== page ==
Vanguard has continued to gather up the lion’s share of net fund flows in the first ten months of 2015, with net flows of $191 billion, according to the most recent monthly Morningstar Direct Asset Flows Report, published Nov. 12.
As of the end of October, shares in Vanguard funds were worth about $2.9 trillion, or just over 20% of the market value of open-end mutual funds and ETFs, excluding money market funds and funds-of-funds. The numbers also do not include assets in retirement plans.
Of the $231.5 billion in net flows to such funds in the first 10 months of 2015, Vanguard accounted for 82.5%. The lopsided gain in assets was offset by significant outflows, especially from PIMCO, SPDR State Street Global Advisors, Franklin Templeton, Columbia and Oppenheimer Funds.
The ten largest fund families, out of hundreds of fund families, accounted for 57% or about $8 billion of the $14 trillion in assets held in these types of funds. The 50 largest fund families accounted for about 85% of the assets, or about $11.8 billion.
In October, BlackRock iShares had net flows of $14.96 billion while Vanguard’s passive funds had net flows of $14.74 billion. It was the second consecutive month in which flows to BlackRock iShares were slightly greater than flows to Vanguard passive funds.
In the year ending on October 31, 2015, PIMCO registered net outflows of about $114 billion, with about $79 billion of that coming out of the Newport Beach, CA-based firm’s big actively managed bond fund, PIMCO Total Return Fund.
Over that time period, Vanguard Total International Bond Index Fund, a passively managed fund, experienced net flows of $20.9 billion, while actively managed Metropolitan West Total Return Bond Fund collected a net $27.7 billion, for a remarkable one-year growth rate of 68%.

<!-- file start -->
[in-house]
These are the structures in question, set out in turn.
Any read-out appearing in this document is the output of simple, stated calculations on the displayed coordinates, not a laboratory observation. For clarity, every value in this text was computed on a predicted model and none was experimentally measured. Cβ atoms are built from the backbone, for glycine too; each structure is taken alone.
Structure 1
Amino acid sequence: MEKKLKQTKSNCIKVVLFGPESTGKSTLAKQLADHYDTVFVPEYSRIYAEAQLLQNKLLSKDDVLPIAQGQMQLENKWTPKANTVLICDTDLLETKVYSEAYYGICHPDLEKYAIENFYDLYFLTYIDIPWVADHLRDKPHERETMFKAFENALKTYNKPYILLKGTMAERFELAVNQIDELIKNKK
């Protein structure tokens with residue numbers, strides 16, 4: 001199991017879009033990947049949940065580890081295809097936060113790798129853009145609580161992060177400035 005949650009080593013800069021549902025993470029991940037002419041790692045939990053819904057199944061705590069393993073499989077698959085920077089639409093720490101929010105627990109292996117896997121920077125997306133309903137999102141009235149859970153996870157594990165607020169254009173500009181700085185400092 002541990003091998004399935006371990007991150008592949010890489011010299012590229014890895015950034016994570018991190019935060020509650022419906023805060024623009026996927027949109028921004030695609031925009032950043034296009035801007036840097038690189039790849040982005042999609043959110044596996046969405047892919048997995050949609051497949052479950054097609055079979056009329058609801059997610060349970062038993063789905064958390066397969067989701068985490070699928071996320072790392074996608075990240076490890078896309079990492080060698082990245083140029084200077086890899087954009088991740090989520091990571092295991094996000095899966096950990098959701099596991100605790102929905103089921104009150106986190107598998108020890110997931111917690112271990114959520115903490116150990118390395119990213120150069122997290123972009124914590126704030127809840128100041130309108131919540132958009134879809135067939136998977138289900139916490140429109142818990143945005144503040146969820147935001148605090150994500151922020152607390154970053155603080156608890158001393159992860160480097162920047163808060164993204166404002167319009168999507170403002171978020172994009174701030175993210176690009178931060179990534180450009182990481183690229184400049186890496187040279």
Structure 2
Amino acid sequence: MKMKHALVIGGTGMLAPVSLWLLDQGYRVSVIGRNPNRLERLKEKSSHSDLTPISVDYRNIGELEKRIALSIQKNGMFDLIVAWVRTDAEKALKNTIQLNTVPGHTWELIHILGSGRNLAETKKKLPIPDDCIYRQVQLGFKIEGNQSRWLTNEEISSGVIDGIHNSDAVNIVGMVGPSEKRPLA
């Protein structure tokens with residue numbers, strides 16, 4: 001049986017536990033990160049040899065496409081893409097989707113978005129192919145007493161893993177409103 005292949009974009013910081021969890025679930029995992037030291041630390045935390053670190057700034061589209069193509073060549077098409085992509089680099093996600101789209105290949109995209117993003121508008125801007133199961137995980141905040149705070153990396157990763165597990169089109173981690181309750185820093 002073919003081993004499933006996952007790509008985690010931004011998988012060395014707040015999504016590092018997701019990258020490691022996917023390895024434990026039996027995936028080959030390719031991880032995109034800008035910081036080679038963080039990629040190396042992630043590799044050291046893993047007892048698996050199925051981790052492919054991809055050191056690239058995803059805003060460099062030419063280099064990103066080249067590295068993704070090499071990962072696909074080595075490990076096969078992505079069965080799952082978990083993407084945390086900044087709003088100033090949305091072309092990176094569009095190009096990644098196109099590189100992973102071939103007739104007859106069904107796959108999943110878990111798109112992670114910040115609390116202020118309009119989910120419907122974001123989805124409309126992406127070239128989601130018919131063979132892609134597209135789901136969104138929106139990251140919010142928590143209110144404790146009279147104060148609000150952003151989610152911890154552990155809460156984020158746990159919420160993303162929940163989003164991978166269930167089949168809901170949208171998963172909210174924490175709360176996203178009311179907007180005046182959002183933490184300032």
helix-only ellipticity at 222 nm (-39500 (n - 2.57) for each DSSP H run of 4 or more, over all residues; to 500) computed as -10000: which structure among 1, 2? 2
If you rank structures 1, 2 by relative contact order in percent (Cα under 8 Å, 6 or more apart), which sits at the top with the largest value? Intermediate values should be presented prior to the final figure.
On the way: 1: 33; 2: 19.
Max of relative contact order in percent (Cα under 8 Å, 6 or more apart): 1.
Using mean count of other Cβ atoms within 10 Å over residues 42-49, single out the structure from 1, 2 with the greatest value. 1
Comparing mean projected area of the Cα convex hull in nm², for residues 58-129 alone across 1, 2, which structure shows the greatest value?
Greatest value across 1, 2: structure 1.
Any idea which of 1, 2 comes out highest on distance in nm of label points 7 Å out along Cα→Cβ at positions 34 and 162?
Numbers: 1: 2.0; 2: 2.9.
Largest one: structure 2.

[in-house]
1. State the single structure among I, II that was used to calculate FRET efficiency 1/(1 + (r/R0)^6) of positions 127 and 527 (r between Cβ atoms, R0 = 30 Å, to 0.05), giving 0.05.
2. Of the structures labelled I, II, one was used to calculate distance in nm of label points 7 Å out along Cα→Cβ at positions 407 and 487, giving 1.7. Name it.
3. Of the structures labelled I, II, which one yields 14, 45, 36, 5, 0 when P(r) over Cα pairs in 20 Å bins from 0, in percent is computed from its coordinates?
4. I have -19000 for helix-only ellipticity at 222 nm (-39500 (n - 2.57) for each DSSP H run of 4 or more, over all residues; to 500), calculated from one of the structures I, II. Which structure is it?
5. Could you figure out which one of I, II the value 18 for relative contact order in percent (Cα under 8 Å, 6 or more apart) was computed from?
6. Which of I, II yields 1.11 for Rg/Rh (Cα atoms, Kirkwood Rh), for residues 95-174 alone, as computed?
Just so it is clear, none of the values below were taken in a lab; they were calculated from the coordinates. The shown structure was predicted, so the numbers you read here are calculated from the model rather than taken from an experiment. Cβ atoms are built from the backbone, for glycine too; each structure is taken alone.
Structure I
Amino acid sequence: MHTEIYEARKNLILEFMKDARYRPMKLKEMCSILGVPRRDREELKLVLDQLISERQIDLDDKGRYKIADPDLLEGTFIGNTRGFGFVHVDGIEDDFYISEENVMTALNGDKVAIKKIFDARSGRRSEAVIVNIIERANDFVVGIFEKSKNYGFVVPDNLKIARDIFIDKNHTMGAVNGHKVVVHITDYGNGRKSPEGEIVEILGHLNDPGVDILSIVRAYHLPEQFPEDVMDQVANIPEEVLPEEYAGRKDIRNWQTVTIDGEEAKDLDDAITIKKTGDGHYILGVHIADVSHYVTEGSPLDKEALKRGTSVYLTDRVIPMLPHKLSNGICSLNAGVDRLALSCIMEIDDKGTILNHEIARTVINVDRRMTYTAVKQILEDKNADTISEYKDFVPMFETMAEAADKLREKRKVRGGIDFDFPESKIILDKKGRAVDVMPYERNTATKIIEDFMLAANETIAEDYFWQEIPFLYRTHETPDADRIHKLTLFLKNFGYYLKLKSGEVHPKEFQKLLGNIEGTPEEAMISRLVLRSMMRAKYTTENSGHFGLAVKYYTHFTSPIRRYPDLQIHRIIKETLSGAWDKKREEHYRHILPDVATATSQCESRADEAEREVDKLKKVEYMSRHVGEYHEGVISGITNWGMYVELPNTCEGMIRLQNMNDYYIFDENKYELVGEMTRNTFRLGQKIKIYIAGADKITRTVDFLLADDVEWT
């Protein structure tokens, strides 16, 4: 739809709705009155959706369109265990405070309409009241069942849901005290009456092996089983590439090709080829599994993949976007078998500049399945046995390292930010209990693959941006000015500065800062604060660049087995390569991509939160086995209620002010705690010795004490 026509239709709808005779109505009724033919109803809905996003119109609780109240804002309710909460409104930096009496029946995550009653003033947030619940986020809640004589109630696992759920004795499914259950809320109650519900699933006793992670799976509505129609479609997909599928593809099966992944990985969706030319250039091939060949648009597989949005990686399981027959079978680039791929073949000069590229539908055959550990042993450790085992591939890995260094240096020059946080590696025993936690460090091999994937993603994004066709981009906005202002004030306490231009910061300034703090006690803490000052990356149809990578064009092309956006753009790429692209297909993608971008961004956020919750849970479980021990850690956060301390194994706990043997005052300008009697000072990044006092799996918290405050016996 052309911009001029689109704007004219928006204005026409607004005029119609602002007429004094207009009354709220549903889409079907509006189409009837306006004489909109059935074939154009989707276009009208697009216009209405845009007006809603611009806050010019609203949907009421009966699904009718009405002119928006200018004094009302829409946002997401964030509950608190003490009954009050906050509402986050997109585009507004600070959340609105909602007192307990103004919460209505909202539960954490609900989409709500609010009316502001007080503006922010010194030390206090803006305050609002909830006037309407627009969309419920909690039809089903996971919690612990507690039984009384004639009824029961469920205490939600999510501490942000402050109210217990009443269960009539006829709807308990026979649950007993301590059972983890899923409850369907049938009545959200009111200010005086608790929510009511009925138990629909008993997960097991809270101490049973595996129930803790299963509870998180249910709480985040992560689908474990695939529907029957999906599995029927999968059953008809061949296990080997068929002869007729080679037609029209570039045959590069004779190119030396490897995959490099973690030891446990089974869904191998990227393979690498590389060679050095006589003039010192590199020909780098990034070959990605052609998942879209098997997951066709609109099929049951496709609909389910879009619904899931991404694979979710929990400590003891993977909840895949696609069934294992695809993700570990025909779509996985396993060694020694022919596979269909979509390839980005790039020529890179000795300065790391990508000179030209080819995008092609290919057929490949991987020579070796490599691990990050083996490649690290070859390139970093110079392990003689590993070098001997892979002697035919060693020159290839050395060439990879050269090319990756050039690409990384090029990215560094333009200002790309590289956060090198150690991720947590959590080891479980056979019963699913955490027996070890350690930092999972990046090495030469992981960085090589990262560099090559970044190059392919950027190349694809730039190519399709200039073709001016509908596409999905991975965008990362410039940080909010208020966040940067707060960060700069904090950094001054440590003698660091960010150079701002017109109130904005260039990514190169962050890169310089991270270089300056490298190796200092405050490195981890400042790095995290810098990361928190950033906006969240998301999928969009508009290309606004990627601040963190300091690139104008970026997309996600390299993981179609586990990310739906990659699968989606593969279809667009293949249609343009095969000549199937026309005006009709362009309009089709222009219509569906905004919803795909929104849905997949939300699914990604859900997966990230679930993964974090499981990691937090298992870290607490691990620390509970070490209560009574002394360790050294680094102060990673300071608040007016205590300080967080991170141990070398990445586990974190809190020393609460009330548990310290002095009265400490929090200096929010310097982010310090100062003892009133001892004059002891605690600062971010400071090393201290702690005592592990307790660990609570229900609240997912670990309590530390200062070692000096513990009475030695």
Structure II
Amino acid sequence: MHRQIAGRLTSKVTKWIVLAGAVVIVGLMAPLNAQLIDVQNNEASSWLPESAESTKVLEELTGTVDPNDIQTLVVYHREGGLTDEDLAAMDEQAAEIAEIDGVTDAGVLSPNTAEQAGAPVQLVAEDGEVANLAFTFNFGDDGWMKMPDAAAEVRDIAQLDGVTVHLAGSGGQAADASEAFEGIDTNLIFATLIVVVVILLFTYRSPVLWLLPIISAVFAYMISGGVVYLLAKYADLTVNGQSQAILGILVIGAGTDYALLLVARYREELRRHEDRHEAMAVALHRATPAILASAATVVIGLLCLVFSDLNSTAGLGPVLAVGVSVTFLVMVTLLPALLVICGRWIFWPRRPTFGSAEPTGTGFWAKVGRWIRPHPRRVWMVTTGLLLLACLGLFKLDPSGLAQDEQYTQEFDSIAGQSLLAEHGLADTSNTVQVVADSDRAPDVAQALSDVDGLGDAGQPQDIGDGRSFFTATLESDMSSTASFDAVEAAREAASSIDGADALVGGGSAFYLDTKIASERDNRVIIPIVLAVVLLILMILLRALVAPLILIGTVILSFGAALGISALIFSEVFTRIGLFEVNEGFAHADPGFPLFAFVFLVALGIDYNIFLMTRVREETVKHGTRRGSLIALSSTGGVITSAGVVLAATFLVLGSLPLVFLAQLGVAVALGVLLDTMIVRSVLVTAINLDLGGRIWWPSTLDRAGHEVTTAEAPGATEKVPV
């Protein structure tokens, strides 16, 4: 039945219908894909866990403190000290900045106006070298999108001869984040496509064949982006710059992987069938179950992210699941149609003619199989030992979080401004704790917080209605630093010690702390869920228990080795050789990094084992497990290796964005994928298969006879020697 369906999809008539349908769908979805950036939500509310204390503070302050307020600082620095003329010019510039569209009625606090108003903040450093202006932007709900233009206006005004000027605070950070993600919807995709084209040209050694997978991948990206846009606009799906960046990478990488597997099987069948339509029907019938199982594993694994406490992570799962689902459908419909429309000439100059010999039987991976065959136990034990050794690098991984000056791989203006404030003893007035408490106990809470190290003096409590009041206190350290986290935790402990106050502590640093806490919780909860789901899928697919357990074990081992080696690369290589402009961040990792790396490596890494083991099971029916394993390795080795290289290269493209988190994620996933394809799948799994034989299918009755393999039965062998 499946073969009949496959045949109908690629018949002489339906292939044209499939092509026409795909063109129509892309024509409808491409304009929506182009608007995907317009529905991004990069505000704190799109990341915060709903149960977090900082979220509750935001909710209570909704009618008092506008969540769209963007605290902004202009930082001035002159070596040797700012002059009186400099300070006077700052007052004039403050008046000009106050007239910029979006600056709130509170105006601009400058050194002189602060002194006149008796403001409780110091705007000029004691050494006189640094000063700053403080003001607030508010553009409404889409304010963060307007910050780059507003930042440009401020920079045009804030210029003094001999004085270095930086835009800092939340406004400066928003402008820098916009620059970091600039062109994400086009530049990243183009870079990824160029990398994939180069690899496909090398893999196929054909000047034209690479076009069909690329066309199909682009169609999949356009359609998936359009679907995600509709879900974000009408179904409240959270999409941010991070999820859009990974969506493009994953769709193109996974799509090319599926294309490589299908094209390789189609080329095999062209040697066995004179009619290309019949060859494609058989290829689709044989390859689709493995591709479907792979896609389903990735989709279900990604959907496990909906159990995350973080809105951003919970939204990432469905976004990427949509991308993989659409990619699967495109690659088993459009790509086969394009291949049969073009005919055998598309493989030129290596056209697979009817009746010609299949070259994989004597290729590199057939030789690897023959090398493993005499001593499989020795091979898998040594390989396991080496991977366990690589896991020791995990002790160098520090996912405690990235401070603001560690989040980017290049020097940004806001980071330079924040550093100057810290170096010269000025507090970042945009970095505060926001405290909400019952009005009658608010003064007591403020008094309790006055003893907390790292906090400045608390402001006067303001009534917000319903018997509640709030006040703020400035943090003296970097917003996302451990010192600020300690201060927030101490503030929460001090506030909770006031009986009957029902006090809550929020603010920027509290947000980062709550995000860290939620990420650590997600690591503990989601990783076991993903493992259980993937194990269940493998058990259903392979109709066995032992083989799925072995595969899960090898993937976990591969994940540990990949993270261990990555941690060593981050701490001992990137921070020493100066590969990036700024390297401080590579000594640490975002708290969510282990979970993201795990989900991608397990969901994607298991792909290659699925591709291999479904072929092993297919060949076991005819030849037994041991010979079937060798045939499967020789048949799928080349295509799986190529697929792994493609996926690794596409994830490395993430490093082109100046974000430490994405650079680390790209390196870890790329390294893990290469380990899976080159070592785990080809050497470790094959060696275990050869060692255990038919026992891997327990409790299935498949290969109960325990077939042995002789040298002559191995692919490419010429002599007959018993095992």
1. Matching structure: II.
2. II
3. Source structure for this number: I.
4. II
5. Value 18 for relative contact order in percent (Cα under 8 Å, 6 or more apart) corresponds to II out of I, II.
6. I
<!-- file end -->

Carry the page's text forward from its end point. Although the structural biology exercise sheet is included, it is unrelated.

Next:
Morningstar analyst Alina Lamy noted in the report that investors returned to high-yield bonds in November after preferring government bonds for several months. “In a complete reversal from last month, high-yield and intermediate-term bond moved from the bottom to the top five categories—a drastic change in investors’ appetite for risk in the fixed-income space,” she wrote. “Investors might be trying to anticipate the potential December interest-rate raise.”
“High-yield bonds are less sensitive to interest-rate changes and therefore tend to perform better in a rising-interest-rate environment,” Lamy explained in an email to RIJ. “[Their prices] tend to be more sensitive to factors such as the financial health of the issuer, the general economic outlook, and corporate earnings, than to fluctuations in interest rates.
“However, high-yield bonds also carry more credit risk than investment-grade bonds. So, in essence, investors are swapping interest-rate risk for credit risk. The fact they are doing that appears to indicate that investors are now willing to take on more credit risk in order to protect from interest-rate risk, which seems to me a move to position portfolios in anticipation of a potential rate increase (likely to happen in December).”
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